Is Casting Diverse Models Just a Trend?

When Japanese clothing brand Uniqlo opened its first Canadian location in Toronto last fall, it announced its arrival with larger-than-life billboards in unexpected spots. Subway platform walls were blanketed in ads. On social media, models wore the brand’s signature simplicity. But what made this campaign different was its ordinariness, from the random yet recognizable locations to the models of varying ethnicities, ages and heights. Some of the men had long, thick beards; one had a perfectly tied turban. One woman wore a hijab folded into a one-sided wrap.

What you bring brings us together. #UniqloCanada #UncommonThread #Toronto

A post shared by UNIQLO Canada (@uniqlocanada) on

Helping to pull that campaign together was Lorde Inc., a street casting modelling agency that solely, and intentionally, represents models of colour. Founded in London, England, in 2014, by artists Isaac Kariuki, Christopher Whitfield and Nafisa Kaptownwala, the agency was started out of frustration, says Kaptownwala, who now runs the Toronto office.

“At the time, there were so few models of colour that your beauty was always being negotiated through a white lens,” she says. “We wanted a platform where we would be able to ‘big up’ ourselves. I never really thought of it as a business at first but more of a platform to celebrate our beauty.”

#Haize for @milkmakeup skin tint

A post shared by Lorde Inc (@lordeinc) on

Since then, the agency has booked models for Kenzo, VICE, Milk Makeup and singer Frank Ocean (for his “Nikes” video). Casting directors can be the influential creative bridge to close the gap between everyday people and the fashion industry.

Fashion’s relationship with inclusion is fraught with missteps still. Just think of Marc Jacobs and his clipped response to critiques when he used dreadlocks in his Spring 2017 show. However, in January, the hotter-than-hot Gucci released teaser videos of an all-black cast of models auditioning for its pre-Fall 2017 campaign. And, on the corporate side, the storied house pledged to work with Italian non-profit organization Liberi e Uguali (which translates to “Free and Equal”) to help make the company more diverse across the board.

That progress is good, but there is a risk: “Since we launched, ‘diversity’ has become increasingly trendy, which I never predicted,” said Kaptownwala. “I was just trying to make space for myself and my friends in an industry that basically ignores us. And now I feel like our work is being swiped from under us.”

Diversity in fashion will be sustainable if the creators and business people of the industry are diverse, says Ben Barry, an associate professor of equity, diversity and inclusion at Ryerson University in Toronto. “The conversation needs to move beyond the runway to who is making model decisions,” he says.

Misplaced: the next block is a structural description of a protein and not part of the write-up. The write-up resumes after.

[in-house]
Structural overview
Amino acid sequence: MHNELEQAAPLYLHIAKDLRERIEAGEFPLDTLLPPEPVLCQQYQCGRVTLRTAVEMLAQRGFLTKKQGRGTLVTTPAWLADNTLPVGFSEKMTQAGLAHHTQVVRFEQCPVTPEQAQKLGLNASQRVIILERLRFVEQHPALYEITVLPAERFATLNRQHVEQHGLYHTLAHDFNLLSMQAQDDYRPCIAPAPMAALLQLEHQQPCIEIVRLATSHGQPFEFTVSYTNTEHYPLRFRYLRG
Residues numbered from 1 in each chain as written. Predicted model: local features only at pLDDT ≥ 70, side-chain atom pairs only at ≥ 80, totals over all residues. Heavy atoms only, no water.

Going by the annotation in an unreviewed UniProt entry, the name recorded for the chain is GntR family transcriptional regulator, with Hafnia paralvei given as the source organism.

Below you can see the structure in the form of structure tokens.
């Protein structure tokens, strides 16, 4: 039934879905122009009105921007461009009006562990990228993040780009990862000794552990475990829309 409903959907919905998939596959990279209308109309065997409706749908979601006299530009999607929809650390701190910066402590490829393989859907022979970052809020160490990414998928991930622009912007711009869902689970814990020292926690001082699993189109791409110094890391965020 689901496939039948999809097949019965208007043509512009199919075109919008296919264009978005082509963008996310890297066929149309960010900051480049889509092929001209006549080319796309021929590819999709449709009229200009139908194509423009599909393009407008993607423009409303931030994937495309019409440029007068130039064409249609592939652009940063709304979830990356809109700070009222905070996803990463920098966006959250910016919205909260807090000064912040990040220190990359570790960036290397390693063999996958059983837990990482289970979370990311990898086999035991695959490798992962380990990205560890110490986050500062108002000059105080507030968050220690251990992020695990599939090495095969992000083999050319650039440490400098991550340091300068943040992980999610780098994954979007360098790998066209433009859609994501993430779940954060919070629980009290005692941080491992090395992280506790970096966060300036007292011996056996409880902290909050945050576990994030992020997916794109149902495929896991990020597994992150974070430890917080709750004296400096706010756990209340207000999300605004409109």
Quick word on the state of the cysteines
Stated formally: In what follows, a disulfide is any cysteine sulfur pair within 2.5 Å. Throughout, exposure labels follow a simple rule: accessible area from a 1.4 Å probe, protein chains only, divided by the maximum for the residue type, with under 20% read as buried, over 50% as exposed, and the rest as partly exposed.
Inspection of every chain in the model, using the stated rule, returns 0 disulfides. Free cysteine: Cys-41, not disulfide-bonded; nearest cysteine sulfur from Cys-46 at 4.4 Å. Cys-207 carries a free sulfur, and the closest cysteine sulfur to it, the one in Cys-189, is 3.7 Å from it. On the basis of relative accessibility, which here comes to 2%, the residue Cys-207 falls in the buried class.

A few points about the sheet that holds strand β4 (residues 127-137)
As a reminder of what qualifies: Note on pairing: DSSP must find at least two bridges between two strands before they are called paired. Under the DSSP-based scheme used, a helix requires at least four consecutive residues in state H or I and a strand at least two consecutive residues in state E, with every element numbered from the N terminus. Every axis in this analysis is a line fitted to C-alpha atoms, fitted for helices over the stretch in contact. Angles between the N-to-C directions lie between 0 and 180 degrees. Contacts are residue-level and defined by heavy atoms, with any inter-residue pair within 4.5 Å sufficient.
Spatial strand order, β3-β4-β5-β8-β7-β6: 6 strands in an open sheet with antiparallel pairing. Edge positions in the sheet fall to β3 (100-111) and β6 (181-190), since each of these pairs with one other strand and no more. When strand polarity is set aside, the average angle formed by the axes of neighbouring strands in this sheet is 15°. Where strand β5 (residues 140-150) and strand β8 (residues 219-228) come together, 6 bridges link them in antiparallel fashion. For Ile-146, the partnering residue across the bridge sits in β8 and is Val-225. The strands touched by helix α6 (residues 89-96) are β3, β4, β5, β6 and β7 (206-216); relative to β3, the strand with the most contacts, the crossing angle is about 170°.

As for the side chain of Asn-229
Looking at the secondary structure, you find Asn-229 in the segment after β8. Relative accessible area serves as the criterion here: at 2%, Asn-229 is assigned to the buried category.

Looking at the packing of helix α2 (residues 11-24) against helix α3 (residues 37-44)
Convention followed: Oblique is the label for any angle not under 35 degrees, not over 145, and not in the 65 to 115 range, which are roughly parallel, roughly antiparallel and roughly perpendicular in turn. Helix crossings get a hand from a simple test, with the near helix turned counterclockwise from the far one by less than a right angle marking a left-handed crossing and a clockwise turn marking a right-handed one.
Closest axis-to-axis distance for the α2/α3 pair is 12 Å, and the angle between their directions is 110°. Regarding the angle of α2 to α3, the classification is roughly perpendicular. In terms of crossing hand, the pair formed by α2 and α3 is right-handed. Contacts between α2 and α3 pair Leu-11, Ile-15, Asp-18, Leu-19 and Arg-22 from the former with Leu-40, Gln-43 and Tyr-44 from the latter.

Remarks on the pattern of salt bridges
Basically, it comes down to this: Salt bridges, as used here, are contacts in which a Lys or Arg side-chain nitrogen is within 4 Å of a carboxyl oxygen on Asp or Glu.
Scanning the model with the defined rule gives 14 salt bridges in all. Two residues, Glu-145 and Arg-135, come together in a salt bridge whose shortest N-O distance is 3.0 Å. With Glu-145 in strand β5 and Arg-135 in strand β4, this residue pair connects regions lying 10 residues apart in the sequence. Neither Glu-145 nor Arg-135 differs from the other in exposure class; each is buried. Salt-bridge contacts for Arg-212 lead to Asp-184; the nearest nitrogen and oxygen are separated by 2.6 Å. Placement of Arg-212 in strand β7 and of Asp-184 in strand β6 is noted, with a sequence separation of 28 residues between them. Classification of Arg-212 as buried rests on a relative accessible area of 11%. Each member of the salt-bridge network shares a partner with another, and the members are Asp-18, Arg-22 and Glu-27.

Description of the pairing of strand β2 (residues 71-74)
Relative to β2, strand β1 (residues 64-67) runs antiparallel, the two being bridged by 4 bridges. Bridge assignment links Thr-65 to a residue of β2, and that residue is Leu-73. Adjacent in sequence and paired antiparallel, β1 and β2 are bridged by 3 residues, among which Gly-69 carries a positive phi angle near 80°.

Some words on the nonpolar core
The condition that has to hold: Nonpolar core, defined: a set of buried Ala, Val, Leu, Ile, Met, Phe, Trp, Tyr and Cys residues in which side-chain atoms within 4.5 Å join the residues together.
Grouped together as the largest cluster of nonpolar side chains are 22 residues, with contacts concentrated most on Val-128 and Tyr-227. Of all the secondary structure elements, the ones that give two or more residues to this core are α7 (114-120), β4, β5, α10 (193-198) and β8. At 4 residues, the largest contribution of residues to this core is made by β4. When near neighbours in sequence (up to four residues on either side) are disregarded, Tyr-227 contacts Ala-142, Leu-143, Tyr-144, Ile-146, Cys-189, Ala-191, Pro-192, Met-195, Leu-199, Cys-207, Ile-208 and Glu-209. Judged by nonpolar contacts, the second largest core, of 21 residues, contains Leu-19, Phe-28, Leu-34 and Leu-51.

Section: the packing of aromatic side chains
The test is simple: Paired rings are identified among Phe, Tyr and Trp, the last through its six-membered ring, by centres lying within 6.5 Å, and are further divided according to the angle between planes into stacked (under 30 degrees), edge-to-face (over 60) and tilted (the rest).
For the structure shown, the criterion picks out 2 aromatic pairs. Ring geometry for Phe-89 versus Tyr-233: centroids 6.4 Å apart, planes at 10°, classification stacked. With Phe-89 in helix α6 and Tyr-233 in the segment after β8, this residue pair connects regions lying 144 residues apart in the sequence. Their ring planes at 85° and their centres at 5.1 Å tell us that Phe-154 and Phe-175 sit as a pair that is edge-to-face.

Before being named Teen Vogue’s first black woman editor-in-chief, Elaine Welteroth worked on the shoot “Cultural Appreciation,” in the magazine’s May 2016 issue. The story featured young women talking about culturally specific attributes: baby hair at the temples, afros, nose piercings. At the time, Welteroth said people thought it unlikely she could find an Aboriginal woman who really wore a feather in her hair, but Zan Casting, headed up by Zan Ludlum in New York, did.

Similar to Lorde, Zan helps place “real” models in commercials, films and runway shows but says there are limitations. “[I’m] just going through packets and looking at a bunch of curvy girls who I know designers won’t be able to put on the runway because of their sample sizes,” she says. Still, she remains optimistic, recognizing the shift in fashion as a start in redefining beauty. “The majority of the clients we work with are interested in taking responsibility for pushing boundaries and recognizing that…we’re leading visual media. We have a responsibility to speak to a lot of people.”

Kaptownwala wants to be positive but won’t mince words. “I think the only thing that’s going to make it sustainable is if brands want to self-reflect on what makes inclusive casting important,” she says. “If these brands are only trying to capture a moment because it’s trendy, that doesn’t get to the root of the problem and it doesn’t facilitate social change.”